Supervisor Repeatedly Exposed Himself to Female Employees, Federal Agency Charged
MADISON, Wis. – Judge William M. Conley of the federal district court in Madison has entered a consent decree resolving a lawsuit brought by the U.S. Equal Employment Opportunity Commission against Biewer Wisconsin Sawmill, Inc. (BWS) of Prentice, Wis. The EEOC had charged that BWS, a major Midwestern lumber supplier, violated Title VII of the Civil Rights Act of 1964 when it did not take immediate and appropriate action to stop a supervisor’s sexual harassment after learning that he had repeatedly exposed his genitals to female employees over several years.
The decree provides that BWS will pay employees Verna Weber and Patricia Stade a total of $55,000, prohibits future sexual harassment and requires that BWS provide anti-discrimination training to its managers and human resources personnel.
Wisconsin court records indicate that on November 12, 2009, several months after the EEOC filed its civil lawsuit, the supervisor, Billy J. Decker, was convicted in a criminal case (Case No. 08-CM-106) in Price County Circuit Court of two counts of lewd and lascivious behavior for twice exposing himself to Weber in 2008.
“The Supreme Court has ruled that when an employer learns of sexual harassment, it must take immediate, appropriate, and effective action to stop it,” said Regional Attorney John C. Hendrickson of the EEOC’s Chicago District Office which is responsible for EEOC litigation in Wisconsin, Illinois, Minnesota, Iowa, North Dakota and South Dakota. “Here the EEOC contended that supervisors were aware of the harassment but did not take immediate action, and women suffered as a result. We appreciate BWS’s willingness to work with us to provide relief for the victims and to ensure that harassment does not recur.”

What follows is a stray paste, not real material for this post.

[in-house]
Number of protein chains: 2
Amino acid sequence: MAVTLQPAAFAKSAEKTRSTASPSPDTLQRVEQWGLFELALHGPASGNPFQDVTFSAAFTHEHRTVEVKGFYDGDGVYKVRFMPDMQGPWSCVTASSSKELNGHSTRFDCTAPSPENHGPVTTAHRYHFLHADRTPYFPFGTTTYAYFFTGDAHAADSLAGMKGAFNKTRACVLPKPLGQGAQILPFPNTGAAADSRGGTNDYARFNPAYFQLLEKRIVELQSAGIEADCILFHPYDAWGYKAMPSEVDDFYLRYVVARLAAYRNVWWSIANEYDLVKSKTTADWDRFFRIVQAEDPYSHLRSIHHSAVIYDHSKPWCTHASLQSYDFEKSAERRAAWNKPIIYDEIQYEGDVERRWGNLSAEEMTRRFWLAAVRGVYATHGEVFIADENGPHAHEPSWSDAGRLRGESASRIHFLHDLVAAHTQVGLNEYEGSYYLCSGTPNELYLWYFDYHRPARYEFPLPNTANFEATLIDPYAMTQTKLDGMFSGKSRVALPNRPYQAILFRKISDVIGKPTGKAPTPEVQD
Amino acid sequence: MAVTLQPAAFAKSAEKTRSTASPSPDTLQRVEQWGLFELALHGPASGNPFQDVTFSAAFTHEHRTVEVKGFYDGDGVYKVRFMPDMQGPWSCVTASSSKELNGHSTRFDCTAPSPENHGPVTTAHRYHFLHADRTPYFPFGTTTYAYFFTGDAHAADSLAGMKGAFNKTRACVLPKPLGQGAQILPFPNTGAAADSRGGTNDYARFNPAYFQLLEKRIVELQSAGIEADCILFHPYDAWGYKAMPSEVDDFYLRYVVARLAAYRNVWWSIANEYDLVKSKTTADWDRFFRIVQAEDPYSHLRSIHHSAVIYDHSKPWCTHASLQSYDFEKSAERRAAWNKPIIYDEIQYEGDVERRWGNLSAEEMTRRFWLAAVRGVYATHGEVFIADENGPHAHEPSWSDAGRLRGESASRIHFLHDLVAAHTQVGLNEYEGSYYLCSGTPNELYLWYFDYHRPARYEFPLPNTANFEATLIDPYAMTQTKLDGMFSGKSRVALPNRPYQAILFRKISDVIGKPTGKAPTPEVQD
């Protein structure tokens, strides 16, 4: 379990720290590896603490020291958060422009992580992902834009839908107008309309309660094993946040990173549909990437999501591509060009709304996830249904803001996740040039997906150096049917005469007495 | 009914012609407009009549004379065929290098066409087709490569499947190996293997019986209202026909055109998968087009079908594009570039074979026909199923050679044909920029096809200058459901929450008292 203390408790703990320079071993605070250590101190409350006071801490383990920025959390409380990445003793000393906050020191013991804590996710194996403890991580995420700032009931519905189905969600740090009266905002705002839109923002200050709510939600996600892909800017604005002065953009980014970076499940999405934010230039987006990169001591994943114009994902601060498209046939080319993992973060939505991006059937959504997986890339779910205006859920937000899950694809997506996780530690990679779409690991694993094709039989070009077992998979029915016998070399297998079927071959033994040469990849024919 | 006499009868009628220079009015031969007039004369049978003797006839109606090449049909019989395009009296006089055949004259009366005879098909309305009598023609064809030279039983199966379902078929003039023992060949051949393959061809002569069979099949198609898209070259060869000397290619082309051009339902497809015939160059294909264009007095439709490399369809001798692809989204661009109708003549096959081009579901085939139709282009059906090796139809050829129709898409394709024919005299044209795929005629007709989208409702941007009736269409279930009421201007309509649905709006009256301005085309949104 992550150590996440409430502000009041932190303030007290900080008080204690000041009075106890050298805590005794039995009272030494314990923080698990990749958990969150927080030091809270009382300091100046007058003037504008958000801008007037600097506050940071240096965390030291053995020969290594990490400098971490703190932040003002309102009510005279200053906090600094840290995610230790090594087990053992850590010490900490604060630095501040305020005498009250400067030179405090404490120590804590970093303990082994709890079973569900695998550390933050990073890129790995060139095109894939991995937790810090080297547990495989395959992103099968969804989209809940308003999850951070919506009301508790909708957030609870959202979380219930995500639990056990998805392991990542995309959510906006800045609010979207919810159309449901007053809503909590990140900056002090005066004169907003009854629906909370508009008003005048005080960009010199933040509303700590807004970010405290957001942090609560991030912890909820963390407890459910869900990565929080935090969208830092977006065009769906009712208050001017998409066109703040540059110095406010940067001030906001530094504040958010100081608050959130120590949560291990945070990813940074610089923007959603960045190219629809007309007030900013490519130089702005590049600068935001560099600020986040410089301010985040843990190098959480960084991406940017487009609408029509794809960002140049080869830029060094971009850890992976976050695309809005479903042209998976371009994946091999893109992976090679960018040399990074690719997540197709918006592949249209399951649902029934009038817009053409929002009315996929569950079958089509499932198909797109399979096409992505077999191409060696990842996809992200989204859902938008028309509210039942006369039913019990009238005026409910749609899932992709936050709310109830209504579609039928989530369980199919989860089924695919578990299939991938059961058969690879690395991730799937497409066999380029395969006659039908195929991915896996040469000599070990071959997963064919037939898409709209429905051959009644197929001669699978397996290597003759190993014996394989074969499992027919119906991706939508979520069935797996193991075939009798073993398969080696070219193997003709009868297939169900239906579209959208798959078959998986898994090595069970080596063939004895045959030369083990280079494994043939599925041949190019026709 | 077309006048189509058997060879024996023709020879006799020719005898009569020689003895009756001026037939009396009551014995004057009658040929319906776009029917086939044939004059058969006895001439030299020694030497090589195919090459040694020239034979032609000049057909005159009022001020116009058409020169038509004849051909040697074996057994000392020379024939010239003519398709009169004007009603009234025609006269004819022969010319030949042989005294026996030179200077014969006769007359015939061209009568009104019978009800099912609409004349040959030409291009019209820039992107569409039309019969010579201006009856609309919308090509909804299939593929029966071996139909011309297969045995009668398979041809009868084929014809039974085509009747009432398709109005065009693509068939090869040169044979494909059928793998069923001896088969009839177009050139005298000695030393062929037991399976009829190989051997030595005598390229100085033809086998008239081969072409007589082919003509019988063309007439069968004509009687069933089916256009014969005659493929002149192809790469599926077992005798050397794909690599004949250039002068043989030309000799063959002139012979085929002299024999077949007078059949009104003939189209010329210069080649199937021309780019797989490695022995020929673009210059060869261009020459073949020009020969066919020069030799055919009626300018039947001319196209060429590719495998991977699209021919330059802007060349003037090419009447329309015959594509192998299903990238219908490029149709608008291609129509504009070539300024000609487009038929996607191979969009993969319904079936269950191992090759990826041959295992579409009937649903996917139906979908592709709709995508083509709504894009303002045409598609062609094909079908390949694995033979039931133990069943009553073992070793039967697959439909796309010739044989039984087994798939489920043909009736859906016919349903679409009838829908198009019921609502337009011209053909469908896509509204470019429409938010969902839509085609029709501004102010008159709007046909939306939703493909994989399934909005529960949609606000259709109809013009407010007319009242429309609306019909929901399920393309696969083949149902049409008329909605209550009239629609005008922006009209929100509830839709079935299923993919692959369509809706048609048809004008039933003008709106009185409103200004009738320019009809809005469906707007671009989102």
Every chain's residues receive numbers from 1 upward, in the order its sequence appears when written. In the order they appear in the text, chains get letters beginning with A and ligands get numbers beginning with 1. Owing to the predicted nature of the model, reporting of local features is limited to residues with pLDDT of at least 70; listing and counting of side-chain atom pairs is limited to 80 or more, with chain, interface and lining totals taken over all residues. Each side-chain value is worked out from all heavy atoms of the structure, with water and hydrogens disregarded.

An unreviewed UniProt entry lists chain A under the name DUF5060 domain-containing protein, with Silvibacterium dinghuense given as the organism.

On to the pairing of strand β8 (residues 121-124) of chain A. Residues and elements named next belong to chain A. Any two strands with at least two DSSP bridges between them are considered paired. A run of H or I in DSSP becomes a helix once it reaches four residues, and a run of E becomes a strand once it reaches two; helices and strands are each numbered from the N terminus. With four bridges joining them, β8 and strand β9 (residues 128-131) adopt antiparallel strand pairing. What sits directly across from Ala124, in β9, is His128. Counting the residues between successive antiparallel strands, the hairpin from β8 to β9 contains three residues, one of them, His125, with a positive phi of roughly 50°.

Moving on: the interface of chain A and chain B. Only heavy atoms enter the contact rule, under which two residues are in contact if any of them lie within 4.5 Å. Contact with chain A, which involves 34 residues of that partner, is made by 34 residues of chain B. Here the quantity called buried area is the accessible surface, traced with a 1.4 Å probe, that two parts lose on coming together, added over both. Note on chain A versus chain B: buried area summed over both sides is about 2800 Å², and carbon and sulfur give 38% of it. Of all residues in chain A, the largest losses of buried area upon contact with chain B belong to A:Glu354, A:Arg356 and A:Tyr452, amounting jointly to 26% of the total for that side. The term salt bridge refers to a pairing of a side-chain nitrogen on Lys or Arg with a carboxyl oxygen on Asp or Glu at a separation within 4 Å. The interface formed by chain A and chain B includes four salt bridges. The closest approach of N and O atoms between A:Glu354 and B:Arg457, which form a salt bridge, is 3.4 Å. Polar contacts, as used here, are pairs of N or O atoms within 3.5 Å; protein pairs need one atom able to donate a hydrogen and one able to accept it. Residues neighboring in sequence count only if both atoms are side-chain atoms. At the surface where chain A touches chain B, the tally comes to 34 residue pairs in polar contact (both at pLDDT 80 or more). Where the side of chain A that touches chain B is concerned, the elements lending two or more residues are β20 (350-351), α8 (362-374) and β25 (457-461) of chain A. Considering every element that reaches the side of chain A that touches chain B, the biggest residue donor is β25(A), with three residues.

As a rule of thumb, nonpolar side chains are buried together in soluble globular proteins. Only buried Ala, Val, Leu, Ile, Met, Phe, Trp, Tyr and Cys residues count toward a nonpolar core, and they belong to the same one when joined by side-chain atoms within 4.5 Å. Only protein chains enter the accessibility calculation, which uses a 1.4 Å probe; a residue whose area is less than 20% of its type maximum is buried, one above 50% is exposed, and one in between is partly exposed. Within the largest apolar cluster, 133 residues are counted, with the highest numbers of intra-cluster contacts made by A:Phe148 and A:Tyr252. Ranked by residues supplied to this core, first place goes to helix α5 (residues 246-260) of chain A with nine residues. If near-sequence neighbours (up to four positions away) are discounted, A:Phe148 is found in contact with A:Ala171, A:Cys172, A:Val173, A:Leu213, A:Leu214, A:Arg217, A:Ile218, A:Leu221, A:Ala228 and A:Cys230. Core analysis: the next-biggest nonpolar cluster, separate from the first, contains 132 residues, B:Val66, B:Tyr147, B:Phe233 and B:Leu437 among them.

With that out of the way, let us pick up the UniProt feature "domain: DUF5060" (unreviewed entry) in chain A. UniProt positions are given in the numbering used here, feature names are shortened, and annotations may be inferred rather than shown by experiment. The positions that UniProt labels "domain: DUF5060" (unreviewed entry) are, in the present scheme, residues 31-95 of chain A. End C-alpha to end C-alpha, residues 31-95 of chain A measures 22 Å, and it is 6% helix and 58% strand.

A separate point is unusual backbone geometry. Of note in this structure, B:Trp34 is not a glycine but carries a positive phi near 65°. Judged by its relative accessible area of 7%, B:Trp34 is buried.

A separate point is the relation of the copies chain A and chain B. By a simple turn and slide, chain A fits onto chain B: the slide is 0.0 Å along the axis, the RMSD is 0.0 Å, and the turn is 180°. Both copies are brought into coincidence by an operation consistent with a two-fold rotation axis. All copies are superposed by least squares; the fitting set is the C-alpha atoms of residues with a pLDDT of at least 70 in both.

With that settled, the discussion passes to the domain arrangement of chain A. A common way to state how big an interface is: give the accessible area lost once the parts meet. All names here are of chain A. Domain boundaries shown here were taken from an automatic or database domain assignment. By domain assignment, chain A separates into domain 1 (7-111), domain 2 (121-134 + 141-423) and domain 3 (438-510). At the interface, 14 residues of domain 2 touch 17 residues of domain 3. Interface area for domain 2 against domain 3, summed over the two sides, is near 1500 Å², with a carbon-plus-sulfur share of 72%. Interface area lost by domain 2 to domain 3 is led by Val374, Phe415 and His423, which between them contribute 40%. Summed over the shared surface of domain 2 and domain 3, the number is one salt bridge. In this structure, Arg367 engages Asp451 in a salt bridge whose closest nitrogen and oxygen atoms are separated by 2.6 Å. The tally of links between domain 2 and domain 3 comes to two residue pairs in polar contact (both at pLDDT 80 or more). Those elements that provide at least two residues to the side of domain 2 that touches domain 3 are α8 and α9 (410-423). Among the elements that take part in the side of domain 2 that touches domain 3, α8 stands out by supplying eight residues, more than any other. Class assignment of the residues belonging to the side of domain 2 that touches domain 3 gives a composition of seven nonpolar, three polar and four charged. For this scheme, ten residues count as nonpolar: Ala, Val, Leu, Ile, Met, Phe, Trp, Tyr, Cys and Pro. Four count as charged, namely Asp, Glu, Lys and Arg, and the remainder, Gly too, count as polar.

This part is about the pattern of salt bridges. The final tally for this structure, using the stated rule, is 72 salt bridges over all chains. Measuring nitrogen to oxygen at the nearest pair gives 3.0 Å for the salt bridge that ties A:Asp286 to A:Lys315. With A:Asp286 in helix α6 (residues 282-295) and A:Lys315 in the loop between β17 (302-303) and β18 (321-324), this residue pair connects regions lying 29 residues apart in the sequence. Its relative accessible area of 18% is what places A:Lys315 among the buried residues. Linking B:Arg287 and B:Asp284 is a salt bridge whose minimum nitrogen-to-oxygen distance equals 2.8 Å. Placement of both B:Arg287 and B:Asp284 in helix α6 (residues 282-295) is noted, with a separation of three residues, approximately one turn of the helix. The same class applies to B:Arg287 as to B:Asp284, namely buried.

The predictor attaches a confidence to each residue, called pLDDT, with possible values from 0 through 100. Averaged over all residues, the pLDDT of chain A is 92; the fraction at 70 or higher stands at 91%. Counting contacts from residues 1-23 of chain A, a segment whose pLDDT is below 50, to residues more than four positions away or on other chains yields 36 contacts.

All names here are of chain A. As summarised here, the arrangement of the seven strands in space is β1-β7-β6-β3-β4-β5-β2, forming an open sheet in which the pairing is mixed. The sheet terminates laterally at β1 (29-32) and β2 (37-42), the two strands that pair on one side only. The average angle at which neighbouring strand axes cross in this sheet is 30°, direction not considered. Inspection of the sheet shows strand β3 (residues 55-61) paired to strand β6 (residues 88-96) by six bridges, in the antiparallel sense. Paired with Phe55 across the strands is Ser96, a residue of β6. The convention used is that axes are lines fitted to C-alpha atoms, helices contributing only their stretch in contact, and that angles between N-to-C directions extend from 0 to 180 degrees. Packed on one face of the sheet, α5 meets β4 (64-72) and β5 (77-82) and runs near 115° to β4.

The case was litigated by Senior Trial Attorney Dennis McBride of the Milwaukee Area Office, part of the EEOC’s Chicago District Office.
According to its web site, BWS is one of several affiliated companies engaged in the lumber business under the Biewer name in Wisconsin, Michigan and Illinois and headquartered in St. Clair, Mich. The companies manufacture and distribute products for a wide variety of building applications. They have sawmills in Prentice, Wis. and McBain, Mich., and manufacturing and distribution facilities in Seneca, Ill., and Lansing, Mich. They are affiliated with Biewer Logistics, which offers custom transportation and shipping management, and with Biewer Industrial Lumber, LLC, which is described as the companies’ “business-to-business” branch.
The EEOC enforces federal laws prohibiting discrimination in employment. Further information about the Commission is available on its web site at www.eeoc.gov.